Sara Barrett, 42, was found dead from "homicidal violence" about 6 a.m. Thursday in a room in the Motel 6 at 1811 S 76th Street in Tacoma, said Ed Troyer of the Pierce County Sheriff's Office.
Police began searching for the woman late Wednesday after her husband, Tony James Barrett, called KOMO News and said he had killed her. KOMO News then immediately notified law enforcement authorities.
Deputies later found the woman's car and impounded it at her workplace, a Pier 1 Imports distribution center in Dupont. They found what they believed to be blood in the car.
Police in Tacoma later located the woman's husband, who sped away from officers in his vehicle. They pursued him across the Tacoma Narrows Bridge at speeds approaching 100 mph.
Spike strips were used to stop the husband's vehicle on Highway 16 west of Tacoma. The suspect then attacked officers with a crowbar, Troyer said, and officers used a police dog to subdue and detain him
In his earlier phone call to KOMO News, the husband said he wanted a message put on Facebook: "I just killed my wife ... I want you to put it on your Facebook."
The man told the KOMO News assignment desk that he and his wife had been together for 28 years.
"It was supposed to be 'til death do us part, but she wouldn't .... " he said.
The man then would not say where his wife could be found, but said, "They'll find her tonight or by tomorrow."
The assignment desk asked the caller if there was someone we could notify, and he said "No, I'm not going to be here much longer."
When the assignment desk asked if they could contact police, he disconnected.
The Tacoma School District confirmed Thursday that Tony Barrett works for the district as a warehouse specialist, delivering products to Tacoma schools. He has worked for the district since July 2001, officials said.
Family members said they were shocked by the killing.
"It's been rocky for a couple of years - they've been off and on - but this is shocking, this is something that nobody would have expected him to do," said Sara Barrett's niece, Candice Saucedo. "He loved her; he'd been with her for 20-some years. I still don't believe he did it, I don't understand it."
Saucedo said Sara was a kind, caring person.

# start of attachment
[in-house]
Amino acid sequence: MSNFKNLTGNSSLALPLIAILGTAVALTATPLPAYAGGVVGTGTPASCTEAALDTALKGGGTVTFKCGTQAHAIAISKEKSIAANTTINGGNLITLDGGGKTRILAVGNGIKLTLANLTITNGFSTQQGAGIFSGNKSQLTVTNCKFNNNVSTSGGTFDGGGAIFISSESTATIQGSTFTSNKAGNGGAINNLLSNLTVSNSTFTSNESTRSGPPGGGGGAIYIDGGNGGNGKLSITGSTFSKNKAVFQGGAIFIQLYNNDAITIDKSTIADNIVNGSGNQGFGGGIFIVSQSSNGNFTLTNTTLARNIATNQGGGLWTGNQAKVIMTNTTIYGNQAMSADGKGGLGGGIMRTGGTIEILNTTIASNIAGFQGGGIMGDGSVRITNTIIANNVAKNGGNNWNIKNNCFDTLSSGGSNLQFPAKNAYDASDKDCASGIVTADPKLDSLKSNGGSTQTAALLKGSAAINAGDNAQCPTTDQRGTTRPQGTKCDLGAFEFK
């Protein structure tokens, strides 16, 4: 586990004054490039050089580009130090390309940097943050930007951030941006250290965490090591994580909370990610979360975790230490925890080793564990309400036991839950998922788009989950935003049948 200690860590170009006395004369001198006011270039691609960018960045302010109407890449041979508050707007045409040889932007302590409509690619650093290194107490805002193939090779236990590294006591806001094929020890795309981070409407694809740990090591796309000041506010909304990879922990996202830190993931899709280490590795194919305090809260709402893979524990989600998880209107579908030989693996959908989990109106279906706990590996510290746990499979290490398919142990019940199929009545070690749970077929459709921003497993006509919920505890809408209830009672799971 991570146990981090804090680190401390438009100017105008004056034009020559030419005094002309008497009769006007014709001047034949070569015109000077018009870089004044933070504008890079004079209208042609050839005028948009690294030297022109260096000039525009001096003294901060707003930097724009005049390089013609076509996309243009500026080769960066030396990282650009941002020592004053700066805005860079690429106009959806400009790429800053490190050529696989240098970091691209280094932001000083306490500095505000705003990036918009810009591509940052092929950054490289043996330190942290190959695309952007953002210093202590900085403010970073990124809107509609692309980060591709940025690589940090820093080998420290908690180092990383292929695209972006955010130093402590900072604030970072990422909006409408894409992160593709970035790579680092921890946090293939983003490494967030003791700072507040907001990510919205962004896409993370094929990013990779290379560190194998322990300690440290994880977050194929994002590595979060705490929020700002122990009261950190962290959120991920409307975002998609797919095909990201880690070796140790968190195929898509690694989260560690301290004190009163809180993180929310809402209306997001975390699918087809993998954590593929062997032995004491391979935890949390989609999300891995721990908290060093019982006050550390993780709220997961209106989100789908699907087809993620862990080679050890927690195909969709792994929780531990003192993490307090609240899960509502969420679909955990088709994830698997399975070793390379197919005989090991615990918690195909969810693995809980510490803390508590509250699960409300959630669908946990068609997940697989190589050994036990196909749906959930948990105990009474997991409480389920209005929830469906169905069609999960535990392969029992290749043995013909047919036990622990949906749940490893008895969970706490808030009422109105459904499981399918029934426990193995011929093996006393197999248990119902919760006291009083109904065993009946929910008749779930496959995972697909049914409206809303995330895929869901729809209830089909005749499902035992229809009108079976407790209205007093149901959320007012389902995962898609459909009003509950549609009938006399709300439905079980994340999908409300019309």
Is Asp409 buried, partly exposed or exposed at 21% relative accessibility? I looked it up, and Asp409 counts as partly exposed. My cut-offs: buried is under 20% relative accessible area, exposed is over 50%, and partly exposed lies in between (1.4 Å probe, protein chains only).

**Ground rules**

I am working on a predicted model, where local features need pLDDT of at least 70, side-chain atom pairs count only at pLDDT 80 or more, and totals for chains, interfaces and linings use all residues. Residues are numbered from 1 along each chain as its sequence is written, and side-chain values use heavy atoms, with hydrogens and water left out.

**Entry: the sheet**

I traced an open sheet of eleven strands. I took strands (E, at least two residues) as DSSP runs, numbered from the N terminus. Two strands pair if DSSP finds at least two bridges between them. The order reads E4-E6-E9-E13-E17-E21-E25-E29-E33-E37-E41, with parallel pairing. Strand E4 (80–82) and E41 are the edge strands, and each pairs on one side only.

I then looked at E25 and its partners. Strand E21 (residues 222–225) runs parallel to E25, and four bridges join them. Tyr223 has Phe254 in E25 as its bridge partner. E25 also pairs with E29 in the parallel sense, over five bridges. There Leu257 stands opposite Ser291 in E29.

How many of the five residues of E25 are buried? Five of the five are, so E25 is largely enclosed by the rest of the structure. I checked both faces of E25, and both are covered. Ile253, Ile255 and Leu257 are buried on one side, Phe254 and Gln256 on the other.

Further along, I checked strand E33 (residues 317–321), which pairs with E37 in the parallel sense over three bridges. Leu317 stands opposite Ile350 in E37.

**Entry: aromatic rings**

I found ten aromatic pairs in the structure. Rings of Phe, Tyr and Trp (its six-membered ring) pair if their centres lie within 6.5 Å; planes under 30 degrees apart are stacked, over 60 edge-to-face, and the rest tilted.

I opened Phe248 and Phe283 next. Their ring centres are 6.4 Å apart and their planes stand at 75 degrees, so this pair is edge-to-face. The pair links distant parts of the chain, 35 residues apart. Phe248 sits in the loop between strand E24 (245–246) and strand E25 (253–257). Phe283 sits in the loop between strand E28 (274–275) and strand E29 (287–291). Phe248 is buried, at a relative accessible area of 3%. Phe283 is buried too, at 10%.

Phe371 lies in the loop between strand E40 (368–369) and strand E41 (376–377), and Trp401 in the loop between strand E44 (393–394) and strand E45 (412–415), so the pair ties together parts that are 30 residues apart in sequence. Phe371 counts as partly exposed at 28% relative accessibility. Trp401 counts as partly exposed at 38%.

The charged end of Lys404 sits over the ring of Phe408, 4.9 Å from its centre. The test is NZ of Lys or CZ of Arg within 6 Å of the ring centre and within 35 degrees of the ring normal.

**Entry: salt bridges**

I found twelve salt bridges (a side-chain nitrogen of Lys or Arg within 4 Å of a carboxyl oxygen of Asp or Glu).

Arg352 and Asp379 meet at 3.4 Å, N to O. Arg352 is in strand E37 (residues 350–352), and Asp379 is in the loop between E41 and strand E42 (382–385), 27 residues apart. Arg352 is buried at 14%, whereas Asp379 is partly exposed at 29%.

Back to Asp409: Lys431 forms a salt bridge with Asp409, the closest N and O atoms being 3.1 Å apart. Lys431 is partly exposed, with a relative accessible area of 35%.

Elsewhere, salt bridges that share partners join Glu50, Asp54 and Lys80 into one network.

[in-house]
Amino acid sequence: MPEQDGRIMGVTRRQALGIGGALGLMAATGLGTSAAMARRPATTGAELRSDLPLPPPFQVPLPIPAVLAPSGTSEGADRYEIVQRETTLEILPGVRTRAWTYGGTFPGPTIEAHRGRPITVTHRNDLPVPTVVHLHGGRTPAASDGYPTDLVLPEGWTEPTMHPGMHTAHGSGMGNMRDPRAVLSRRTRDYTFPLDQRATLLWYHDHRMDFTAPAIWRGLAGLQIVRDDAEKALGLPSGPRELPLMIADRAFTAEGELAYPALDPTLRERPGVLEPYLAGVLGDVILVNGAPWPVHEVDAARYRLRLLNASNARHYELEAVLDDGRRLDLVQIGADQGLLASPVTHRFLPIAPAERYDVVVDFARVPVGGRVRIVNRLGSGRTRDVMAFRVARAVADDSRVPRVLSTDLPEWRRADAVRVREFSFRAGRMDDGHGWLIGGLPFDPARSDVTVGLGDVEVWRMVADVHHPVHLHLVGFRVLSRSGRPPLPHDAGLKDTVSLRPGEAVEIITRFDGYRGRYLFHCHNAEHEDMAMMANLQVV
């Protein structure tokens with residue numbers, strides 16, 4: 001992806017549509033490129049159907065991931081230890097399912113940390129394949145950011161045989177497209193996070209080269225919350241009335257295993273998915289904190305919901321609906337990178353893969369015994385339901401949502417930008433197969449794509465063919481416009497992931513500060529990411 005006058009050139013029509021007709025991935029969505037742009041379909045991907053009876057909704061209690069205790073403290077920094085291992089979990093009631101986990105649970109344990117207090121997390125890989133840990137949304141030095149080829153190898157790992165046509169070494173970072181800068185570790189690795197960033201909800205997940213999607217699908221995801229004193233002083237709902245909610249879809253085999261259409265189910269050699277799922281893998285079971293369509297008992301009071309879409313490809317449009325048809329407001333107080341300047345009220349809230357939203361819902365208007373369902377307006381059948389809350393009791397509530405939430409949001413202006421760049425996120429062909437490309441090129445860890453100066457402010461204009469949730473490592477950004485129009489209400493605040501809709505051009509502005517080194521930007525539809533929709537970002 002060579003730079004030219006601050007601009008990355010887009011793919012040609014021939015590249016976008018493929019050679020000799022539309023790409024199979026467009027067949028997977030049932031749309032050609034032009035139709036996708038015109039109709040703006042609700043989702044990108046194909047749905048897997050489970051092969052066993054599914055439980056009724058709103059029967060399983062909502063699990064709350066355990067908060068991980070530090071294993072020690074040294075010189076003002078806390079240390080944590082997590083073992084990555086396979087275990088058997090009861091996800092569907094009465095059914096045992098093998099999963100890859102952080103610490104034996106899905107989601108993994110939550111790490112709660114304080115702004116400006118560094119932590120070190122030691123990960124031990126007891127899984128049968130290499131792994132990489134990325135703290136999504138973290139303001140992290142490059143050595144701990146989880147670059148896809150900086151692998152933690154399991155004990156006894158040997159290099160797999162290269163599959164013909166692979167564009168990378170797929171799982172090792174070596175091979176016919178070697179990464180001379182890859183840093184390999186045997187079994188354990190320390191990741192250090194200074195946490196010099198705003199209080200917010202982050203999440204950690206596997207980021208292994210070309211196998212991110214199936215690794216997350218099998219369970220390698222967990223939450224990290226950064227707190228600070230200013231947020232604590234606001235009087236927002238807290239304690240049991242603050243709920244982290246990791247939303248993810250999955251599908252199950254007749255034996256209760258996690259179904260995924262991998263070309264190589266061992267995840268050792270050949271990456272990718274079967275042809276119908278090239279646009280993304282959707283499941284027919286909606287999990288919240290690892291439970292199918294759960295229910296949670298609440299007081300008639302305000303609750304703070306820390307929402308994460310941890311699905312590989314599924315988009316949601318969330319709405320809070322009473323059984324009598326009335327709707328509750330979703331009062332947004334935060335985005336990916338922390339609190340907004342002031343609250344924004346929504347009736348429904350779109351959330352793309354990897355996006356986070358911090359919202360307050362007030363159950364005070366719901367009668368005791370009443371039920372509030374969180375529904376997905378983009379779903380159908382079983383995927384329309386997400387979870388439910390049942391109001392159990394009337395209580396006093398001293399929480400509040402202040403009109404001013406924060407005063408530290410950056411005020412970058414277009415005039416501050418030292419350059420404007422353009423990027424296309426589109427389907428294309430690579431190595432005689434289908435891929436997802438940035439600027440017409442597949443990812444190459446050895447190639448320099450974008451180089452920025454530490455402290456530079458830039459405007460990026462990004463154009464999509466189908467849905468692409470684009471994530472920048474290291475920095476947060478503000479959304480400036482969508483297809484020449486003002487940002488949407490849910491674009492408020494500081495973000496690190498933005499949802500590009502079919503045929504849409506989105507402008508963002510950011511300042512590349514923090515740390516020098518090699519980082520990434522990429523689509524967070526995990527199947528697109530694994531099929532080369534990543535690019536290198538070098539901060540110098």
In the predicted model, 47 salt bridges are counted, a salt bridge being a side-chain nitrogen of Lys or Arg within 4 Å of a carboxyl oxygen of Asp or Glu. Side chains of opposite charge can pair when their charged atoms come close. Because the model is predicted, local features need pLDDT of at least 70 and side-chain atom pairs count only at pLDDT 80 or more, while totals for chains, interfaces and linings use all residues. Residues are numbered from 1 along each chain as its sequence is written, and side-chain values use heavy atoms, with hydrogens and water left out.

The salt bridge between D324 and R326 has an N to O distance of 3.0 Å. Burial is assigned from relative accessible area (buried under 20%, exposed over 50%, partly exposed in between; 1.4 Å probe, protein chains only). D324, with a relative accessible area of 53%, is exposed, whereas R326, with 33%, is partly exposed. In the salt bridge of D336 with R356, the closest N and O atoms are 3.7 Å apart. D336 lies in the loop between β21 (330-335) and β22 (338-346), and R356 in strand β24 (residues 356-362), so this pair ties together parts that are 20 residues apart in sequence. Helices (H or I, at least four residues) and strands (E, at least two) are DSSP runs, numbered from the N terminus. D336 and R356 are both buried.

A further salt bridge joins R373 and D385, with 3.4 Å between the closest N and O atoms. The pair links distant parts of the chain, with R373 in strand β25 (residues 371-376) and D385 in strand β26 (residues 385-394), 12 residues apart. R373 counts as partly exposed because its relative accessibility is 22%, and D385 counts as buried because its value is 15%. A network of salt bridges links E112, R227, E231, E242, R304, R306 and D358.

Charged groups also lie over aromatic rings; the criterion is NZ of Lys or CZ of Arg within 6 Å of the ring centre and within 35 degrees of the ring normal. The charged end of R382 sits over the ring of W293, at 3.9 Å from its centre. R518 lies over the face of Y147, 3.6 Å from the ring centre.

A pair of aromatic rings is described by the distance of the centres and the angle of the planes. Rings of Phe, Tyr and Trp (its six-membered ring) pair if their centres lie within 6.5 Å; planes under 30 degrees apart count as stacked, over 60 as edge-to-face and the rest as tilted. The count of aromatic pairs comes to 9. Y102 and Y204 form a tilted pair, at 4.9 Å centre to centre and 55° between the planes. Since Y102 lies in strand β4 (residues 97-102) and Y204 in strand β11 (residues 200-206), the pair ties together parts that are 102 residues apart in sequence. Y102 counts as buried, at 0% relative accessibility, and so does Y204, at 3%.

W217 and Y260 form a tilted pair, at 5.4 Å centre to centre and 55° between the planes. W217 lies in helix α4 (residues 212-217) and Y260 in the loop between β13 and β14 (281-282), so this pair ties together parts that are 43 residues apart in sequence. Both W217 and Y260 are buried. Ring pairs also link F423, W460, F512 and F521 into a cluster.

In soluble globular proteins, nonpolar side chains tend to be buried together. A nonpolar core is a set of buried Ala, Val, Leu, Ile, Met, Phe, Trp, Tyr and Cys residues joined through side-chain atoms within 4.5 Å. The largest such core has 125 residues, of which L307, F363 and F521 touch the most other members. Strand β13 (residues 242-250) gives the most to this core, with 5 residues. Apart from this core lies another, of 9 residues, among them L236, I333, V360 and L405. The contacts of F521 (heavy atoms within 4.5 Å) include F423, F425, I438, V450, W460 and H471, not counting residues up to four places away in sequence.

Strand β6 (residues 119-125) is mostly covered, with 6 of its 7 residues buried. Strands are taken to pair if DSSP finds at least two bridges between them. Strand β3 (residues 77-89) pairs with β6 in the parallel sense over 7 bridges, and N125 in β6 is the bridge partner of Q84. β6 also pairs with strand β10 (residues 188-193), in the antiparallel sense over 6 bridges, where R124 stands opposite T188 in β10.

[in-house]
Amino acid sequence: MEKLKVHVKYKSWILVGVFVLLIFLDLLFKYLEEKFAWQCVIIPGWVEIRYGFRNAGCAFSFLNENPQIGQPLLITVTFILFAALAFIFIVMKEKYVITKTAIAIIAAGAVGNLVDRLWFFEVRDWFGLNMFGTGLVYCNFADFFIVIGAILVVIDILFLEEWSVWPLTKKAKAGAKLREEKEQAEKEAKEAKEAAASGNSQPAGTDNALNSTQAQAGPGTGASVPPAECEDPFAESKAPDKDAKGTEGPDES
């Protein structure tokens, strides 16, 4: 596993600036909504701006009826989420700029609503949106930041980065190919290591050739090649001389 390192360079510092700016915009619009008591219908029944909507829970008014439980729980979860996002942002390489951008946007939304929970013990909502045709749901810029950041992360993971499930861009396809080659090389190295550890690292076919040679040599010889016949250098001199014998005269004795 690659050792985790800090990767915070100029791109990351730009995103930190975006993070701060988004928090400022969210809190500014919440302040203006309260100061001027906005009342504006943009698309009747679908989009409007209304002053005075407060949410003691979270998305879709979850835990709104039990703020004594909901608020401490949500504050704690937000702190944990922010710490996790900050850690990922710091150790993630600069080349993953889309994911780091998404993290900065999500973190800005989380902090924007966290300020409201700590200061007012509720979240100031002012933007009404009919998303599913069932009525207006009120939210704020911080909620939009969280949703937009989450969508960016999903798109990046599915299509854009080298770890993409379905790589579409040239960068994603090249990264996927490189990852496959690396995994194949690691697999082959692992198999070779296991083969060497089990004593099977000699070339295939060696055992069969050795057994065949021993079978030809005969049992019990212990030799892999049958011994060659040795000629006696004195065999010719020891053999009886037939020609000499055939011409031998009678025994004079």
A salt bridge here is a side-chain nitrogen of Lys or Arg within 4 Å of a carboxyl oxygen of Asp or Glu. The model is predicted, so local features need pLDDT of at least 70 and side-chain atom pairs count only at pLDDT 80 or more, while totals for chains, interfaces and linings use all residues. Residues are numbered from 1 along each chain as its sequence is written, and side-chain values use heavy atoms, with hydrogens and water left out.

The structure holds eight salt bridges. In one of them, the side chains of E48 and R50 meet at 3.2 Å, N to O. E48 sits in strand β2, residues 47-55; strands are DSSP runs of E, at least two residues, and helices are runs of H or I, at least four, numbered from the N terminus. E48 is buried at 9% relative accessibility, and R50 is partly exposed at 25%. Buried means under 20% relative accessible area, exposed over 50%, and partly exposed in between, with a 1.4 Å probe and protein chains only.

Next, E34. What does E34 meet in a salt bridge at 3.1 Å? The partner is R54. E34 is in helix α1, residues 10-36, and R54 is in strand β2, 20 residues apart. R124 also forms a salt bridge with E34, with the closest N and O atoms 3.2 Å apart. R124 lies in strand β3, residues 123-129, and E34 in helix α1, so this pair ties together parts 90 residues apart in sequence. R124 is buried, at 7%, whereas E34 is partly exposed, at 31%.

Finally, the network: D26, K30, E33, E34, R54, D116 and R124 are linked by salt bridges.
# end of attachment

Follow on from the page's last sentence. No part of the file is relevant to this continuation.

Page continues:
"She was the most caring, beautiful, wonderful person. She had a huge heart, and for this to happen - oh my gosh. I can't even explain - she was perfect; everybody loved her," she said. "She just became a grandmother. ... She was so excited, and for him to just take all this away, its just ridiculous."
"Hopefully he'll spend the rest of his days where he belongs and he won't be able to hurt anybody else," she said.
On Thursday, Sara's youngest son, Tyler Barrett, spoke about the loss of his mother.
"It hasn't even quite hit me yet. It's all a big blur," he said. "It's a tragedy that I could never imagine. She was just so kind. She gave more to others than herself."
Tyler also spoke about his father, who is accused of killing Sara.
"He's just a sick man. A sick man. I'm ashamed he's my father," Tyler said.
Court records show that Tony Barrett also was charged with attacking his wife for unexplained reasons in 2007, holding a pillow over her face until she nearly suffocated.
The couple's grown son broke down the bedroom door and stopped the attack, and Tony Barrett fled from the home when he learned police were on the way.
He later pleaded guilty to third-degree assault for that attack, serving one day in jail and two years under Department of Corrections supervision.
He was ordered not to have any "hostile contact" with Sara Barrett for five years. That order expired three weeks ago on Feb. 25.
On Thursday evening, about three dozen people came to the second-story balcony outside the Tacoma Motel 6, where Sara died. Some had balloons. Others carried candles. They wanted to remember her.